"Last week he was suddenly called by the gods to Xibalba."
"How far is that from here?"
Bucky started laughing. "Well, it ain't down Highway 307. Xibalba is the nine-layered netherworld where shamans seek the wisdom of the spirits. There is a steep and secret road through a series of caves that can be entered only by shamans. It is a very dangerous place, with lots of snakes and dragons down there; torrents and abysses flank the road, which is covered with thorns. In this place, the evil demons live who dare to challenge the gods to combat."
"I think I'll wait until he gets back," I said.
-A Salty Piece of Land, p. 70
I was surprised to find that my St. Barbara medal has a reverse of St. Catherine of Siena, who I don't know anything about. All I can see, as I look at the medal, is another figure. To me, Cathy ain't a saint. Sorry. I'm going to stick with my saint of lightning and my roaches, thank you.
Still, Barbara got me through a rough time. The storms, the descents, the ascents, and a couple other things. I do have a pair of patron saints now: one Catholic and one Discordian. It's kinda the same way I look at the deities of other pantheons: the deities there are things I can work with without necessarily believing in them. Guys like Hermes, Manannan, and Thoth simply don't exist in my usual paradigm. This is, generally speaking, probably okay, as I doubt they believe in me.
I returned to Wellspring on Sunday night, in the middle of the ritual. Bard Dafydd was just finishing the attunement, talking about the interconnectedness of the Groves, and I stepped into the circle right next to Skip. I spent the rest of the night and the early morning discussing policy, primarily, and trying to get all the things done I couldn't do because I was away. I came away satisfied that the 15 total waking hours (out of a possible 120 or so) I spent at Wellspring were spent very well, and that I had spent every minute of the weekend in exactly the right place.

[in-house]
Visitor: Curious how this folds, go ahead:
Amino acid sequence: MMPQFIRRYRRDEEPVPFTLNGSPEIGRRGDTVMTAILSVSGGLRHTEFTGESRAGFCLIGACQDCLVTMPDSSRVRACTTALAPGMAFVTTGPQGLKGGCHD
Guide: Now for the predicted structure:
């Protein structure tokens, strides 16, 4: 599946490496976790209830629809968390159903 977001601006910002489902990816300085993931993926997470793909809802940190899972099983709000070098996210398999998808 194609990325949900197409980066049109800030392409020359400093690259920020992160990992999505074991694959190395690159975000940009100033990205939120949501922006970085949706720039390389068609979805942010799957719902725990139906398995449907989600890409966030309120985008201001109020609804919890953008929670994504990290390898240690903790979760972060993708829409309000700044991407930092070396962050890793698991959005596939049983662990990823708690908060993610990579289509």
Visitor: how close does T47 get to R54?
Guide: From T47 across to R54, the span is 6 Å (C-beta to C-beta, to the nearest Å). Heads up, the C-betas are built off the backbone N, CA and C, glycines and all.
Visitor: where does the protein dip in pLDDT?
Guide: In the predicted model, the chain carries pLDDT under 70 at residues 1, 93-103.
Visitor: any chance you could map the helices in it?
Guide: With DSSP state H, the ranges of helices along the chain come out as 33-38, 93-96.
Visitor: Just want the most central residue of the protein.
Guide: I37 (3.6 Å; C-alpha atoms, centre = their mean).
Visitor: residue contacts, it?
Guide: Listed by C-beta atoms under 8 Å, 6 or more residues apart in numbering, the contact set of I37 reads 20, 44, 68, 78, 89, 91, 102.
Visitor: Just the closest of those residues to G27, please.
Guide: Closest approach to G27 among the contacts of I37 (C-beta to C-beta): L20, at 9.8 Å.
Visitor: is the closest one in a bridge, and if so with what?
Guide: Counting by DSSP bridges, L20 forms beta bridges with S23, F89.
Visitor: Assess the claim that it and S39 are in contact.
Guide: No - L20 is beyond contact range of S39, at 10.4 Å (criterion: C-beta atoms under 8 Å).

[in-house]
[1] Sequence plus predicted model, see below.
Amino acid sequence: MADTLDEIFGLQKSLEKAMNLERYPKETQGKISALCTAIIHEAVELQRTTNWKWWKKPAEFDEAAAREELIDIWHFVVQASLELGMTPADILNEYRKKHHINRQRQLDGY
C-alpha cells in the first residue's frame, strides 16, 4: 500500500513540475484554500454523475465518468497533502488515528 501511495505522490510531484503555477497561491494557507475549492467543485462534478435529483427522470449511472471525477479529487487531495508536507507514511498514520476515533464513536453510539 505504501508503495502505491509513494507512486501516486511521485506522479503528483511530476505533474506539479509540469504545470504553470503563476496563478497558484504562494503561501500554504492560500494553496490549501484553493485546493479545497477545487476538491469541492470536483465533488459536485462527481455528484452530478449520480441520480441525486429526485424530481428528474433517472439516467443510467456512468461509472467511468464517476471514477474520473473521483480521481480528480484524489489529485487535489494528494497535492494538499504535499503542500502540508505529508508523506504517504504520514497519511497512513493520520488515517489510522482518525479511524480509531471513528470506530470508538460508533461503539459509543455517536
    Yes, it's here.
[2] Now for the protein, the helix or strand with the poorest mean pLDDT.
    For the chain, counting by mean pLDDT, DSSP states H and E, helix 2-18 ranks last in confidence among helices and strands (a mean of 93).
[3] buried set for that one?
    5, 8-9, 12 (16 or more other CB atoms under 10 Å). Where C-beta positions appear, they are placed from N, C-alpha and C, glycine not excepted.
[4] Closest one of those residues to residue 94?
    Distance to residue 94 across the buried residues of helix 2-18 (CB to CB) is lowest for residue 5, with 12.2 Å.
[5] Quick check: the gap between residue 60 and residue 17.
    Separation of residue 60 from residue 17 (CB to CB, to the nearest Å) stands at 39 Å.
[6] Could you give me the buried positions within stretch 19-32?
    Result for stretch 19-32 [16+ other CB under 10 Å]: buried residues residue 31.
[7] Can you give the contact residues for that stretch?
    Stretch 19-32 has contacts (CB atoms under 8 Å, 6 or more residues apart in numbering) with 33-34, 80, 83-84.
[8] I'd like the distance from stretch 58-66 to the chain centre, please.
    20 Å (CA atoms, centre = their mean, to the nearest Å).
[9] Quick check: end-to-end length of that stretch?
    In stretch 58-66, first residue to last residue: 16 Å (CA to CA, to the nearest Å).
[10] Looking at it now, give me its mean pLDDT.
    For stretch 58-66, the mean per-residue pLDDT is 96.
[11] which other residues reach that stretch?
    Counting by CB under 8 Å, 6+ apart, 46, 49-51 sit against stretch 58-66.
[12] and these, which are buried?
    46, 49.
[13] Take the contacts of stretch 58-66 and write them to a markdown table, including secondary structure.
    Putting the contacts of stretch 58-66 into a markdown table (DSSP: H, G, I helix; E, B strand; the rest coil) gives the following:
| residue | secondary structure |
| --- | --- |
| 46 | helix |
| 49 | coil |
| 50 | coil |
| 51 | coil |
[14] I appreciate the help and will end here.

I've had a lot of time to think about a lot of things, as you can probably tell. The decompression from worry and angst and fear that this trip brought made it one of the most unwinding sort of vacations I could have ever had, despite the crazy urgency, fear, and occasional dread, I feel a lot better now than I did before.
At the end of the trip, my friend was alright. I admit, I'm still on pins and needles, hoping that things are resolved (and knowing, deep down, that they aren't fully), and I find myself ready to go and do it all over again.
"I'm not looking for salvation, just a salty piece of land."
-"A Salty Piece of Land", Jimmy Buffett
Current Location: Southeast of Disorder
Current Mood: indescribable
Current Music: "Changes in Latitudes, Changes in Attitudes", -JB
I don't know a lot about Santerian Orishas, but I could see it.
I once thought to get involved in some Santerian practices, but when I leared a tad about it, I decided that they were an all-or-nothing sort of crew. They're about the only group that I won't mess around with for fun.
Cthulhu is safer :)
an all-or-nothing sort of crew
Yeah, that pretty much sums it up, in my experience anyway. That's why I quit after one minor initiation. Or as a fellow ADF member at the time put it, the Santera had "high priestess syndrome" ;)